"Crazy" was a hit on three different charts in late 1961 and early 1962 — the Hot Country Songs list (No. 2), the US Hot 100 list (No. 9), and the Adult Contemporary list (also No. 2). An album released that November entitled Patsy Cline Showcase featured Cline's two big hits of 1961. The album brought success to Cline late that year...

* As stated in the 1980 Ellis Nassour biography, Patsy Cline, friends Dottie West and June Carter Cash both recalled Cline telling them that she felt a sense of impending doom and didn't expect to live much longer in the months leading up to her death. Cline also told Loretta Lynn of this, along with Cash and West, as early as September 1962. Cline, though known for her extreme generosity, even began giving away personal items to friends, writing out her own last will on Delta Air Lines stationery and asking close friends to care for her children if anything should happen to her. She reportedly told Jordanaire back up singer Ray Walker as she exited the Grand Ole Opry a week before her death: "Honey, I've had two bad ones (accidents). The third one will either be a charm or it'll kill me."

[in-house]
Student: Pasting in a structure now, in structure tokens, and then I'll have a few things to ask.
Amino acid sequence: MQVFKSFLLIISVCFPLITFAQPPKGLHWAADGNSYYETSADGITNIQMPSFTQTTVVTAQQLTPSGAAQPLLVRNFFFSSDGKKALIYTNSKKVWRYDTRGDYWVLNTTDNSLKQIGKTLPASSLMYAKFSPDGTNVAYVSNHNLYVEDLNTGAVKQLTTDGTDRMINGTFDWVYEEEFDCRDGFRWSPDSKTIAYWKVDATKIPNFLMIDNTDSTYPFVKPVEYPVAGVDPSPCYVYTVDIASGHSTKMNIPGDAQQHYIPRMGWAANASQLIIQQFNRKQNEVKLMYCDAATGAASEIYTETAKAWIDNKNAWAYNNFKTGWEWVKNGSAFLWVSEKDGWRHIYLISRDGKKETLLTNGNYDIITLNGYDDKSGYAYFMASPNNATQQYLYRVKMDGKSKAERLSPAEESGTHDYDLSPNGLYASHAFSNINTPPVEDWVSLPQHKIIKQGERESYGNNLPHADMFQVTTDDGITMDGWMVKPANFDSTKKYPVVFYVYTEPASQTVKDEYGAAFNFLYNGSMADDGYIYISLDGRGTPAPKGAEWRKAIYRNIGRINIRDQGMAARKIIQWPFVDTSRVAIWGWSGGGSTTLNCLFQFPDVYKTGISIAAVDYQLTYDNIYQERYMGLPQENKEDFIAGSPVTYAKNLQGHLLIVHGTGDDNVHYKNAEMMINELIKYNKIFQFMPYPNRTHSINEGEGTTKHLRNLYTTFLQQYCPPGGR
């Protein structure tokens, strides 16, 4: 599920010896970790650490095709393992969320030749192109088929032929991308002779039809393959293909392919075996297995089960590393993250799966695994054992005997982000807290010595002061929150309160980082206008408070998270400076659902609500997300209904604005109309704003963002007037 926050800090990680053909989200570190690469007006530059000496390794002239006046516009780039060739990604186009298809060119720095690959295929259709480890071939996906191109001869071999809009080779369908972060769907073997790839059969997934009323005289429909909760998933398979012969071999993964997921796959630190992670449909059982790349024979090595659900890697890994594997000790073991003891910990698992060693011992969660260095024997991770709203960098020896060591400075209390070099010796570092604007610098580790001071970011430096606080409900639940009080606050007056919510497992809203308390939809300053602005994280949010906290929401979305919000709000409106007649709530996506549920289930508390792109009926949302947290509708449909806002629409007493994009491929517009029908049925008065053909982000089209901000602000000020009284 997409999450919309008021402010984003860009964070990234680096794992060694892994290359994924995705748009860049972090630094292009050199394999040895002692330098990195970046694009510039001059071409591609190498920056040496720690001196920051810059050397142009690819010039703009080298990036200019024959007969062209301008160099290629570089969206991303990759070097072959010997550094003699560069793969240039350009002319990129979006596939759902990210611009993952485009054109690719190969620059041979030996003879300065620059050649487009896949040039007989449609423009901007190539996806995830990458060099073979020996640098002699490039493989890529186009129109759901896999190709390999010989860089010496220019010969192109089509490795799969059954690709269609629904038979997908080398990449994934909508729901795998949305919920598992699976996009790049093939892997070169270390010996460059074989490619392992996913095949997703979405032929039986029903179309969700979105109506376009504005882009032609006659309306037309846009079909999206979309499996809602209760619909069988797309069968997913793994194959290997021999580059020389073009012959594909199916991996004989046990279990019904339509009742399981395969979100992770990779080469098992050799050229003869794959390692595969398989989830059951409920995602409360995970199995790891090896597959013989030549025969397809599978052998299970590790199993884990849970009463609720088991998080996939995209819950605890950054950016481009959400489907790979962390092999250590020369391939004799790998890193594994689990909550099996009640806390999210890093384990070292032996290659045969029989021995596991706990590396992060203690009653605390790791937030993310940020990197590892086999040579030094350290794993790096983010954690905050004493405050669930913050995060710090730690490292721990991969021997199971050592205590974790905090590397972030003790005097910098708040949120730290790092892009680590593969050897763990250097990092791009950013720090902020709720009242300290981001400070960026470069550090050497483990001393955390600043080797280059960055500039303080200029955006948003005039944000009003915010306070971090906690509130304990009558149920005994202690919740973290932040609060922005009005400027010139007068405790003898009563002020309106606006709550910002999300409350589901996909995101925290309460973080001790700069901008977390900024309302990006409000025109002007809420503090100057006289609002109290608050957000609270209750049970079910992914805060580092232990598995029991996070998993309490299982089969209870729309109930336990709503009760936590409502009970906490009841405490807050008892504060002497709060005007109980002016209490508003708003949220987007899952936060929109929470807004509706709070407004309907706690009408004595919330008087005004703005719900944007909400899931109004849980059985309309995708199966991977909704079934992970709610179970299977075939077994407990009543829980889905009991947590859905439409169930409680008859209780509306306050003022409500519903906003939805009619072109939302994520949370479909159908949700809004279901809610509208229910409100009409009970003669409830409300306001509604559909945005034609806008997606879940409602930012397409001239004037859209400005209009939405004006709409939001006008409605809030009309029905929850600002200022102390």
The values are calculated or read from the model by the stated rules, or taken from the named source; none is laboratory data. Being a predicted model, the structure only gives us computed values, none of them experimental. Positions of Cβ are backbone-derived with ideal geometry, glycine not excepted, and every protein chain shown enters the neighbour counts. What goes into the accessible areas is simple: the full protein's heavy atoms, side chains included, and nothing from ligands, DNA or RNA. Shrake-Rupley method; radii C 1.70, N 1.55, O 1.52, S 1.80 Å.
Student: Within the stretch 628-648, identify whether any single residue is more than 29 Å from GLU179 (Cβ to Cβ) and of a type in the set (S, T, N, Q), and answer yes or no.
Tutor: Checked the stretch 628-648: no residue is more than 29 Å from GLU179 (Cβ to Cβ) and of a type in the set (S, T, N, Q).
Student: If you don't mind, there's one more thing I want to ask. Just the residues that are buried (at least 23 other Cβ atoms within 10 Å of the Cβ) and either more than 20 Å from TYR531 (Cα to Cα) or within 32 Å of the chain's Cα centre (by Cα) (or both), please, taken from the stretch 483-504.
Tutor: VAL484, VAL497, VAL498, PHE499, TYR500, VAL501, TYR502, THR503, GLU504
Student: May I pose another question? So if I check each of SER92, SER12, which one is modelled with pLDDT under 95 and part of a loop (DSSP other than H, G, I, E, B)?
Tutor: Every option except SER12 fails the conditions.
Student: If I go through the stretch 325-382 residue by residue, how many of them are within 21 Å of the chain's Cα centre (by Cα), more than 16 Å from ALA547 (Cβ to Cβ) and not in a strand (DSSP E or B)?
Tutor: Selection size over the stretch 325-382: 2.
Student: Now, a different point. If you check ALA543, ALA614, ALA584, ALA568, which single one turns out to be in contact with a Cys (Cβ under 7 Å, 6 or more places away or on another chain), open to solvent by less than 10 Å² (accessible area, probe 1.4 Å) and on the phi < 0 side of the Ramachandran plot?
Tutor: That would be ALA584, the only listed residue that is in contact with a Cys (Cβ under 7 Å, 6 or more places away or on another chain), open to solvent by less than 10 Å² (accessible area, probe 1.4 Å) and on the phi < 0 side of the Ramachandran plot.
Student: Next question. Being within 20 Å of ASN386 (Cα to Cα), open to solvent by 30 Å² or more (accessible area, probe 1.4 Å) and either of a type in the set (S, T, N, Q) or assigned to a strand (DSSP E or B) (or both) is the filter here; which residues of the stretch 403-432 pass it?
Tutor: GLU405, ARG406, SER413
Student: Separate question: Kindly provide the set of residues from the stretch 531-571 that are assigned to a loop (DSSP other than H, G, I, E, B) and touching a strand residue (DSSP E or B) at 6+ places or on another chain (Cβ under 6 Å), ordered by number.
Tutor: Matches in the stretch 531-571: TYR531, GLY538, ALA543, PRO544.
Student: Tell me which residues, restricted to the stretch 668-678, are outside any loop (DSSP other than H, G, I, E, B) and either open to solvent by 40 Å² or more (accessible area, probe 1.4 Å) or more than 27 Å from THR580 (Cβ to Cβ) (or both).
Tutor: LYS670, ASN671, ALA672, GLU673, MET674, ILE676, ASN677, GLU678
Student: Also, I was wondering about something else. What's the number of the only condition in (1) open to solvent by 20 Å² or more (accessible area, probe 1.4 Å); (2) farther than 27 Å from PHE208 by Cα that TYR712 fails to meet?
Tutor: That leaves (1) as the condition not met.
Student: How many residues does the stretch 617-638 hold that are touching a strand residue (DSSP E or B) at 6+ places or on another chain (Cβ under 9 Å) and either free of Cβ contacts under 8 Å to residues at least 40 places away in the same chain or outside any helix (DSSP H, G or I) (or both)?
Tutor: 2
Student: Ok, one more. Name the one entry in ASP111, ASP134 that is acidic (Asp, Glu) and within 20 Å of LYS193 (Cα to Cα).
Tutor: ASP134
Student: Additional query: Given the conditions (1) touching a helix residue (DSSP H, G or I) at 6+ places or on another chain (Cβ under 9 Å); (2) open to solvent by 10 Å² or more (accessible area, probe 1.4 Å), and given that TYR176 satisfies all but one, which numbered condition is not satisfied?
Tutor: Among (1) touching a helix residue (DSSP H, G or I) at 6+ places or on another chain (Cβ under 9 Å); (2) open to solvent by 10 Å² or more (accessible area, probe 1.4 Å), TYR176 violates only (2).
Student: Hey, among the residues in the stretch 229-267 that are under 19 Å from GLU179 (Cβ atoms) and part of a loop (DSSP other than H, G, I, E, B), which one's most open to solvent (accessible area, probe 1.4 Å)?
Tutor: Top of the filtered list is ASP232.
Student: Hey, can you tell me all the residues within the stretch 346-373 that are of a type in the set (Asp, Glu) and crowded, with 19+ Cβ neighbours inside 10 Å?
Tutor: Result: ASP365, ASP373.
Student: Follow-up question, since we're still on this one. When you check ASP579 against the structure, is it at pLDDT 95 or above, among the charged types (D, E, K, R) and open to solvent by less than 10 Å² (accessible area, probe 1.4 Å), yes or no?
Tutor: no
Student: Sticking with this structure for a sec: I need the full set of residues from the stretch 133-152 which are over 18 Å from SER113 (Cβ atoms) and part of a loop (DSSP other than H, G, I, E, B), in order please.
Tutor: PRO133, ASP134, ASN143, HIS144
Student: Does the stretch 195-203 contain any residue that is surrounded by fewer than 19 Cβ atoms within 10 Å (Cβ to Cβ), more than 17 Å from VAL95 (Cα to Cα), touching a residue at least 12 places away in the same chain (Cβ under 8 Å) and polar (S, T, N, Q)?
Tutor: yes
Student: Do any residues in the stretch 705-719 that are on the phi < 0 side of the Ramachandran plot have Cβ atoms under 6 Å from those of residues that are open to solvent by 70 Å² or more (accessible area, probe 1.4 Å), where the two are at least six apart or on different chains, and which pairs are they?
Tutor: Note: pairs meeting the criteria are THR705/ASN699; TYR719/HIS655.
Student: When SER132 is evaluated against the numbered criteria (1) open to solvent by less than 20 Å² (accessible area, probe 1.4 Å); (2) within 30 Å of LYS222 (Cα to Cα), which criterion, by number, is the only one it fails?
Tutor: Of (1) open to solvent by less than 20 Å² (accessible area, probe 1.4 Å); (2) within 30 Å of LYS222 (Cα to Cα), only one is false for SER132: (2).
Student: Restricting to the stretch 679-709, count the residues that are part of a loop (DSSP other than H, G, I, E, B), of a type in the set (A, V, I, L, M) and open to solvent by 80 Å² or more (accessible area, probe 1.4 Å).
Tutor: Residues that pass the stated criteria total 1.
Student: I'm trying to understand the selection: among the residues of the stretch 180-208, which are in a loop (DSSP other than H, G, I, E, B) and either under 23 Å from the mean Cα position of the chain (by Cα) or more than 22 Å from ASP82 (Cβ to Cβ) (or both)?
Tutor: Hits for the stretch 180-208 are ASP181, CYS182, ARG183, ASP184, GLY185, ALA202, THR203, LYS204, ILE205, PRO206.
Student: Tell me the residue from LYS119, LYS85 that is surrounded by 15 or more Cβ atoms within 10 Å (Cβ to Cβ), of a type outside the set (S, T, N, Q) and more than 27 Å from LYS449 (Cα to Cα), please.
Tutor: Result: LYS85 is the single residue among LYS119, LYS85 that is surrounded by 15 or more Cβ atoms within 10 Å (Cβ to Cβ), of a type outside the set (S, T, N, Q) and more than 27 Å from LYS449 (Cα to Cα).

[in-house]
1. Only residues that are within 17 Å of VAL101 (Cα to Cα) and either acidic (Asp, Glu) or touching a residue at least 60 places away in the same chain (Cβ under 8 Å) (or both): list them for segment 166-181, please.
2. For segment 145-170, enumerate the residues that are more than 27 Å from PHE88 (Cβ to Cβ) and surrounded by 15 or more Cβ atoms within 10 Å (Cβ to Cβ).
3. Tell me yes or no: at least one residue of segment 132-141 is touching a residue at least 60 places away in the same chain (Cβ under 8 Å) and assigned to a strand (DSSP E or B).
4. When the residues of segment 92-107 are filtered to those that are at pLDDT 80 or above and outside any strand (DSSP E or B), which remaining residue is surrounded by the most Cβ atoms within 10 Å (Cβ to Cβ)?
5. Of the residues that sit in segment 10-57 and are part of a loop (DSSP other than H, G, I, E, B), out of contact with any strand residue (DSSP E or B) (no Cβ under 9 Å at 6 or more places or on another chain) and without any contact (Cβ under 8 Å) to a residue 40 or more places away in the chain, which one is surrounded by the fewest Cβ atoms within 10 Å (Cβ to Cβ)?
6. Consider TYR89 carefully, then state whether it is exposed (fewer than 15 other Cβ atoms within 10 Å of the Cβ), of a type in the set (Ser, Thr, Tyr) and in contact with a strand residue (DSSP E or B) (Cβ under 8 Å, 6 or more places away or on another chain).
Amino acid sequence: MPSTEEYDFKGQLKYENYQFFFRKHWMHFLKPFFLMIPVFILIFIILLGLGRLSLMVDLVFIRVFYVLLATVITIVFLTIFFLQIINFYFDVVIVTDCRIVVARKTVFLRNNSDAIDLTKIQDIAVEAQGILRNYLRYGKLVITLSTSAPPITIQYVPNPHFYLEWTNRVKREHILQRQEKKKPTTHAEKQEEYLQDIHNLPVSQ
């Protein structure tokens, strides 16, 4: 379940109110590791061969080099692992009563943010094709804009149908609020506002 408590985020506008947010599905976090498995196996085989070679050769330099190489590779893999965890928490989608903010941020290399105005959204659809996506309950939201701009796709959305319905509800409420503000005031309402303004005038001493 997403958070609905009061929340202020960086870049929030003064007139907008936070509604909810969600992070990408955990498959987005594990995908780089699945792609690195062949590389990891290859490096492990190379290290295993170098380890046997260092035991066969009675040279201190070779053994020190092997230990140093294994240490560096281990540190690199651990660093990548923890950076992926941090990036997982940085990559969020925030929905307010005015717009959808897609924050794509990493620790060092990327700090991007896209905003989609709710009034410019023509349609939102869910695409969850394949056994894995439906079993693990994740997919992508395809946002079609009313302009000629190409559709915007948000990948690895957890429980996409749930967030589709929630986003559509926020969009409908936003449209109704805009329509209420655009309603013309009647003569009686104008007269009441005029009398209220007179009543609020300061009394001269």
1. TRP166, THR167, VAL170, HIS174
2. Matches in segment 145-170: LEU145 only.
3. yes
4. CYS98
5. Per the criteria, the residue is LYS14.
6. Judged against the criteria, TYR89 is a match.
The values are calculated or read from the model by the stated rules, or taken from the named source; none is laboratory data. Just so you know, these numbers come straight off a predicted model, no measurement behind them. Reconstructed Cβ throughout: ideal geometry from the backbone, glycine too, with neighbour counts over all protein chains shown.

On March 3, 1963, Patsy, though ill with the flu, gave a performance at a benefit show at the Soldiers and Sailors Memorial Hall, Kansas City, Kansas, for the family of a disc jockey, Cactus Jack Call, who had recently died in an automobile accident. Also performing on the show were George Jones, George Riddle and The Jones Boys, Billy Walker, Dottie West, Cowboy Copas, Hawkshaw Hawkins, Wilma Lee and Stoney Cooper, and George McCormick and the Clinch Mountain Clan. Cline wore a white chiffon gown and closed the show with her performance to a thunderous ovation. Her last song was the last one she recorded during her last sessions the previous month, "I'll Sail My Ship Alone."